X and Y axes. The graphic editing of the 2D envelopes is difficult with
envelopes that have a lot of segments, and in fact it once crashed
Cubase while I was playing with it. I reported a related bug in this
area to the manufacturer, so hopefully you won’t encounter the problem.
Each layer also has four key scaling tables. A table can
have up to 16 mouse-editable steps, and covers the entire 128-note MIDI
keyboard range. These tables are ideal for things like shaping the
amount of FM across the keyboard range so as to craft a more playable
The modulation matrix display can be filtered to show only
the routings from a specific source or to a specific destination.
Double-clicking on an amount knob resets it to zero, which is highly
useful, as the knobs in SynthMaster are sensitive to small changes.
Modulation amounts are bidirectional.
The effects routing scheme is one of the more confusing
facets of SynthMaster. By default, each layer has five insert effects:
distortion (a waveshaper), lo-fi (a bit-crusher), ensemble chorus,
phaser, and parametric EQ. These are found in the Layer edit area. In
addition, each Layer can be routed into two effect buses in any amount,
and also to the dry output. The bus effects modules are two compressors,
chorus, tremolo, echo, reverb, and a vocoder, and these are found on a
different edit page. Any of the 17 effects modules can be inserted in
either layer or on either bus, up to a maximum of five inserts per layer
and per bus. So, for example, if you need to use both phasers on one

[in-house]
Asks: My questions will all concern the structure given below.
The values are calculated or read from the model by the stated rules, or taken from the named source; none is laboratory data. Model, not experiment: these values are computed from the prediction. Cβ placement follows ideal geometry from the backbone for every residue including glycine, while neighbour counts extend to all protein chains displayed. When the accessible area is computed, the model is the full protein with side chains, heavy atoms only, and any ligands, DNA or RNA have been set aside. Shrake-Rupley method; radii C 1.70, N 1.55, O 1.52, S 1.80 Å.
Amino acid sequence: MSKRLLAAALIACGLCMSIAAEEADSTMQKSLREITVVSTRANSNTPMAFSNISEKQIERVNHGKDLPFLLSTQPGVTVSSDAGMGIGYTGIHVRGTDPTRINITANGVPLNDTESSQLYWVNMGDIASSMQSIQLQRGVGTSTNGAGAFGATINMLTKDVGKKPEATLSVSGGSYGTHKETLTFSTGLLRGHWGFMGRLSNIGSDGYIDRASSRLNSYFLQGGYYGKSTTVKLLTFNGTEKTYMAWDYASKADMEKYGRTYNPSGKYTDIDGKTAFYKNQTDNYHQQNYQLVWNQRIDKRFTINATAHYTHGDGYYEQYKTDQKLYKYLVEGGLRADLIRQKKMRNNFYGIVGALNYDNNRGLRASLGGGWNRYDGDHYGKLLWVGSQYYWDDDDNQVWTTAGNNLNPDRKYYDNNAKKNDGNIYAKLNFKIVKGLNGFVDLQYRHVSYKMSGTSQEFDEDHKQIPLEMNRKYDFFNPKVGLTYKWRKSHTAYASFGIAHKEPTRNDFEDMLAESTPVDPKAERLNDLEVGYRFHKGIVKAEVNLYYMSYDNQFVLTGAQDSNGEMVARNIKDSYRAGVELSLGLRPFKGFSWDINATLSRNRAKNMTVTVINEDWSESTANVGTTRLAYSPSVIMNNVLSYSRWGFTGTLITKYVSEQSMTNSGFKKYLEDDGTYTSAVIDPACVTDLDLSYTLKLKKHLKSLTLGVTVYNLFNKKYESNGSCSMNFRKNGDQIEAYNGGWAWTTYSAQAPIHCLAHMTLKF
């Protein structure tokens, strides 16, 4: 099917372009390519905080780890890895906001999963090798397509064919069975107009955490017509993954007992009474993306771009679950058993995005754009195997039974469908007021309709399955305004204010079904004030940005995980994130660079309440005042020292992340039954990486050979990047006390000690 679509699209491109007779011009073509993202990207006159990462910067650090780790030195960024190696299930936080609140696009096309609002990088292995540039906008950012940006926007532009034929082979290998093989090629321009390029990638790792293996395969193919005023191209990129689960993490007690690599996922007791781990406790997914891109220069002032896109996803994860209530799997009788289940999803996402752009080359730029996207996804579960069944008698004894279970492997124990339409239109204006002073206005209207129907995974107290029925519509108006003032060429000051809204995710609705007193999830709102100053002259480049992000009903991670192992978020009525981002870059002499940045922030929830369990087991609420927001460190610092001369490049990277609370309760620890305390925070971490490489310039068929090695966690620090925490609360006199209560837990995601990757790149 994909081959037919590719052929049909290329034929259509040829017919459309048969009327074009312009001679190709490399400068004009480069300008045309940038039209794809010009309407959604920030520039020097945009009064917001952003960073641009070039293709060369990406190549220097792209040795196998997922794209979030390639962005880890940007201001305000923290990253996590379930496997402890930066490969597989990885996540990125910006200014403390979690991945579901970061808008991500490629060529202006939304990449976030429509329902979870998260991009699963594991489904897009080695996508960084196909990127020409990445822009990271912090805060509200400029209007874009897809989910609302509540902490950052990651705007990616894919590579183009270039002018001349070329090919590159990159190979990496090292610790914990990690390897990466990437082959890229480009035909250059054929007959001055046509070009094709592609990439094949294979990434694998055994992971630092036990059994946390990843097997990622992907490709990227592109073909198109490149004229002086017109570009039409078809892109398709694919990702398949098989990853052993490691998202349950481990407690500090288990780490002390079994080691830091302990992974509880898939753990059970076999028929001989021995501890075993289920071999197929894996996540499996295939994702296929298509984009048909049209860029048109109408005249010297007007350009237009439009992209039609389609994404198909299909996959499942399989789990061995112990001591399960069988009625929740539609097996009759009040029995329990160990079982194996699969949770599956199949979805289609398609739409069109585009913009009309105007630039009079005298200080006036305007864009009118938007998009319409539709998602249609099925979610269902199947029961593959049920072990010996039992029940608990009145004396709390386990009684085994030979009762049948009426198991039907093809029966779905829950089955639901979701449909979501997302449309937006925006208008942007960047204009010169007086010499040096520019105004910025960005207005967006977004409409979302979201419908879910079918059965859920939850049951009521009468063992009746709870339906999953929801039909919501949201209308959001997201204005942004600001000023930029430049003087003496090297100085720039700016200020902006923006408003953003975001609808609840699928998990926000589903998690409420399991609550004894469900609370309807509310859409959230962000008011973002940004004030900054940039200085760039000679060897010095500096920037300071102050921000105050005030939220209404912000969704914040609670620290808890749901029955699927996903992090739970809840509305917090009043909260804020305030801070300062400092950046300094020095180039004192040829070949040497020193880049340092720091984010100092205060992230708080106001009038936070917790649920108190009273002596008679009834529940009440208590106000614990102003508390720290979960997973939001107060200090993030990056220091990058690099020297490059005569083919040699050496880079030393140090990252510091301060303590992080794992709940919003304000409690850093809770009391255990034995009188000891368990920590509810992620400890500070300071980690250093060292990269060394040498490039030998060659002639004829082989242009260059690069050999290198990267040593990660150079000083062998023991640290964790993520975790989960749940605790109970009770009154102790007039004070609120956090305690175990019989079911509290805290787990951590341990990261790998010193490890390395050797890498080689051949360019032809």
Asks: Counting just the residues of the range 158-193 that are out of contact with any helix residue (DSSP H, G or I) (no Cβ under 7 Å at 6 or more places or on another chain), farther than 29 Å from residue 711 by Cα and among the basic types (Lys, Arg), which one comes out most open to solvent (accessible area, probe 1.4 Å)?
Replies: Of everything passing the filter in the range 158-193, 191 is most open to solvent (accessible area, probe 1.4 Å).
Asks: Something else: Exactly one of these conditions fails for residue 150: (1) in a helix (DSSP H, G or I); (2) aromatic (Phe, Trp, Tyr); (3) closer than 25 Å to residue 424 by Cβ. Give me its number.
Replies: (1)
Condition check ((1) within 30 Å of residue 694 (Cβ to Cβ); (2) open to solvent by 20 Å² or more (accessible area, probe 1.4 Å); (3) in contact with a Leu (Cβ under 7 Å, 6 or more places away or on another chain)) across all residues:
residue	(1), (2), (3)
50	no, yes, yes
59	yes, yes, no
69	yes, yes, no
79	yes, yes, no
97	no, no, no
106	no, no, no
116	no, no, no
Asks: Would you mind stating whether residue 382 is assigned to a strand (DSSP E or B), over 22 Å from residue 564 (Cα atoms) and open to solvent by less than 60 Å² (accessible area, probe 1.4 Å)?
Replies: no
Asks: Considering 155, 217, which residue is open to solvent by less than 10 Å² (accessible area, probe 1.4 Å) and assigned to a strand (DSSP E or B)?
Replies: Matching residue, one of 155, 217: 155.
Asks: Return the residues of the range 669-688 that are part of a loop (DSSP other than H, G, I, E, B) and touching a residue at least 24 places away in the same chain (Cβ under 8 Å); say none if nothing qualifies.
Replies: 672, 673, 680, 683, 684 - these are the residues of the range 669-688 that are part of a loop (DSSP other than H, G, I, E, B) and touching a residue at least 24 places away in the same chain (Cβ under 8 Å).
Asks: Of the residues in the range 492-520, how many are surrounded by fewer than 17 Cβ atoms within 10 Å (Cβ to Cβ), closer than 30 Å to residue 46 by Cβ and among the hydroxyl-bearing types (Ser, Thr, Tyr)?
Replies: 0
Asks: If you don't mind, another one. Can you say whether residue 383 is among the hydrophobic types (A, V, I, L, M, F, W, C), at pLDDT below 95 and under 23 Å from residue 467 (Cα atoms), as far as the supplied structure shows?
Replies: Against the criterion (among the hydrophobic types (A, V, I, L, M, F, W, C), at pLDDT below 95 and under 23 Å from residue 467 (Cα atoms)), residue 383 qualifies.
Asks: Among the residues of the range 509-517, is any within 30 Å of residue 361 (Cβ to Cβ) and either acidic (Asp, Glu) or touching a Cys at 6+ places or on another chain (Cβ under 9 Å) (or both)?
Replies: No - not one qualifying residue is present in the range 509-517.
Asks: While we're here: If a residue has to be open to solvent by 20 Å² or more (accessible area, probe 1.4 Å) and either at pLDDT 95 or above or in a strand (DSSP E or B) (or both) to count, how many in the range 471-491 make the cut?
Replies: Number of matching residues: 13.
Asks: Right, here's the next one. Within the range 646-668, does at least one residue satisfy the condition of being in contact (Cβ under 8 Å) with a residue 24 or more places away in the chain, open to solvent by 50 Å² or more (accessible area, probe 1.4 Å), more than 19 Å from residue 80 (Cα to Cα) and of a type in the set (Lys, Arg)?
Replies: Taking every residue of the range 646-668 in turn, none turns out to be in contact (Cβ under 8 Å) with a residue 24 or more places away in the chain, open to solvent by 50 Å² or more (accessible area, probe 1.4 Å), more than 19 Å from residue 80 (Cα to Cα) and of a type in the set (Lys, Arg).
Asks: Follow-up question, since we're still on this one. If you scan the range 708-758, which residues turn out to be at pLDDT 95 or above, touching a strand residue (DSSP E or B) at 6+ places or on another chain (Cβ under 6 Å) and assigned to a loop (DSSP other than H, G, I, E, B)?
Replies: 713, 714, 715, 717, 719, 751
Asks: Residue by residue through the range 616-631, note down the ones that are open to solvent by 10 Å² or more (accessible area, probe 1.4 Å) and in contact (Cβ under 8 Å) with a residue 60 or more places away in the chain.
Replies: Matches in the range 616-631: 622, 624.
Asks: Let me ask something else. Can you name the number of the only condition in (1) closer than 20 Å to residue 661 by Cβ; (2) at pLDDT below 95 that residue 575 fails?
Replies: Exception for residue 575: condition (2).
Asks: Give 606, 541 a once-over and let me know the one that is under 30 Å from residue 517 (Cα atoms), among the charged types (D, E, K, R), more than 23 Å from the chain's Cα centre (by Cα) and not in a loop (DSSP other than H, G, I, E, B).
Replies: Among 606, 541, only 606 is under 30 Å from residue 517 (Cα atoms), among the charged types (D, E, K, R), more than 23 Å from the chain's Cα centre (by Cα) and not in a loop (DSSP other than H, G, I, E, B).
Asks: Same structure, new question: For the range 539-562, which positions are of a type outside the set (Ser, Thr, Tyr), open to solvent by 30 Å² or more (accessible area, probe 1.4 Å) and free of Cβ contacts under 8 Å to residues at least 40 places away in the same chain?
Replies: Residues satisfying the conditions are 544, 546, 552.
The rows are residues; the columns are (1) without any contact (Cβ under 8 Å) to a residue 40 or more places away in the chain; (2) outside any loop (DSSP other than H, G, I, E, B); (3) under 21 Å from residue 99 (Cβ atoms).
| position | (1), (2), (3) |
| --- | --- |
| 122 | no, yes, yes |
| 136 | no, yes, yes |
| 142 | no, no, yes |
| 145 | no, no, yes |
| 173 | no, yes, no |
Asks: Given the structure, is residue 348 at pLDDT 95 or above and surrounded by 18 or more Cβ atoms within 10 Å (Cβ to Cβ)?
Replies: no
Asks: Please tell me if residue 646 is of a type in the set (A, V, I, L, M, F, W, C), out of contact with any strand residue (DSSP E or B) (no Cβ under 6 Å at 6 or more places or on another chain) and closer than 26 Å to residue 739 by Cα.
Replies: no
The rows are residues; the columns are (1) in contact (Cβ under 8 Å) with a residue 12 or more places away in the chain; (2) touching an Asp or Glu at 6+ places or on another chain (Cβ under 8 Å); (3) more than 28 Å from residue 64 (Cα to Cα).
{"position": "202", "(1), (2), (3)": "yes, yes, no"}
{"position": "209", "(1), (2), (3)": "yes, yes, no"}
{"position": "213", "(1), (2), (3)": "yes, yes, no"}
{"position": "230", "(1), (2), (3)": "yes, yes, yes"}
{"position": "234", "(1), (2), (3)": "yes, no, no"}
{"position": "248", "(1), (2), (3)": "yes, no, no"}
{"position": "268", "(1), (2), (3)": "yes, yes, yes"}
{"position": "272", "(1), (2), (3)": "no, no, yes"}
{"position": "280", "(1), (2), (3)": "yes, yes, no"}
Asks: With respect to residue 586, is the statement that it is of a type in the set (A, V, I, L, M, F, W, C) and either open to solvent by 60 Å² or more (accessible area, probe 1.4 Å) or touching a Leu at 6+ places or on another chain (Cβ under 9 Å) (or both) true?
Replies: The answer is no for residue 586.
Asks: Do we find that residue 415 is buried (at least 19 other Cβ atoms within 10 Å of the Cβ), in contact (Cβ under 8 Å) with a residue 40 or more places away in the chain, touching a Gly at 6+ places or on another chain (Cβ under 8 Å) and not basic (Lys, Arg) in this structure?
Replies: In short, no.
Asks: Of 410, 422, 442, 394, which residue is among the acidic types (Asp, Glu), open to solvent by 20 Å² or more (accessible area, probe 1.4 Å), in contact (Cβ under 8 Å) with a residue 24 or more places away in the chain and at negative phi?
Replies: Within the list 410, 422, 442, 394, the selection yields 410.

layer, you can.
The effects are generously endowed with parameters. The
lo-fi has its own resonant lowpass filter, for instance, with which you
can take the edge off a grungy tone. The reverb has ten knobs and also
separate EQ for the early and late portions of the reverb image. The
compressor has a sidechain input, so you can do tricks like duck a synth
sound on Layer 1 from a drum loop on Layer 2.
The tremolo is actually a stereo panner; I couldn’t get it
to do surf-guitar mono tremolo. The stereo echo has its own
distortion/overdrive, which is applied to the wet output but not to the
signal entering the feedback path; this has the odd effect of making
repeating echoes get cleaner as they die away.
SynthMaster features a hybrid arpeggiator/sequencer. For
each of up to 32 steps, you can define the velocity and number of rhythm
steps (such as eighth-notes) that a given step will occupy. There’s a
global note duration setting, which can be overridden by a hold button
for each step. If the layer is set to monophonic legato, a slide switch
in the arpeggiator can activate the glide programmed into the voice.
Speaking of which, each layer has both its own arpeggiator and its own
mono/poly switch, so complex patterns are possible.
In Sequener mode, the arpeggiator is a monophonic step
sequencer. The arpeggiator can load a MIDI file and step through it. The
MIDI file can combine chords and single notes, and SynthMaster will
follow it faithfully, playing the chords and rhythms. In addition to the
expected up, down, up/down, as played, and block chord modes, there’s a
mode called “Arpeggiate” that can do some exotic things with note order
(see image at above left).
SynthMaster is so good it’s scary. If you’re new to synth
programming, you’ll probably want to stick with playing the presets for a
while, both because there are a lot of voicing parameters to wrestle
with and because some of them interact in odd ways or are hidden in odd
places. But playing the presets won’t disappoint, because they’re
excellent. Experienced sound designers will find a great deal here to
dig into, from the multimode filters and oscillator modes to the big
toolbox of modulation sources and destinations. Once you’ve scoped out
the editing, customizing the factory sound set is both simple and fun.
To paraphrase Frank Zappa, “Just what the world needs—another great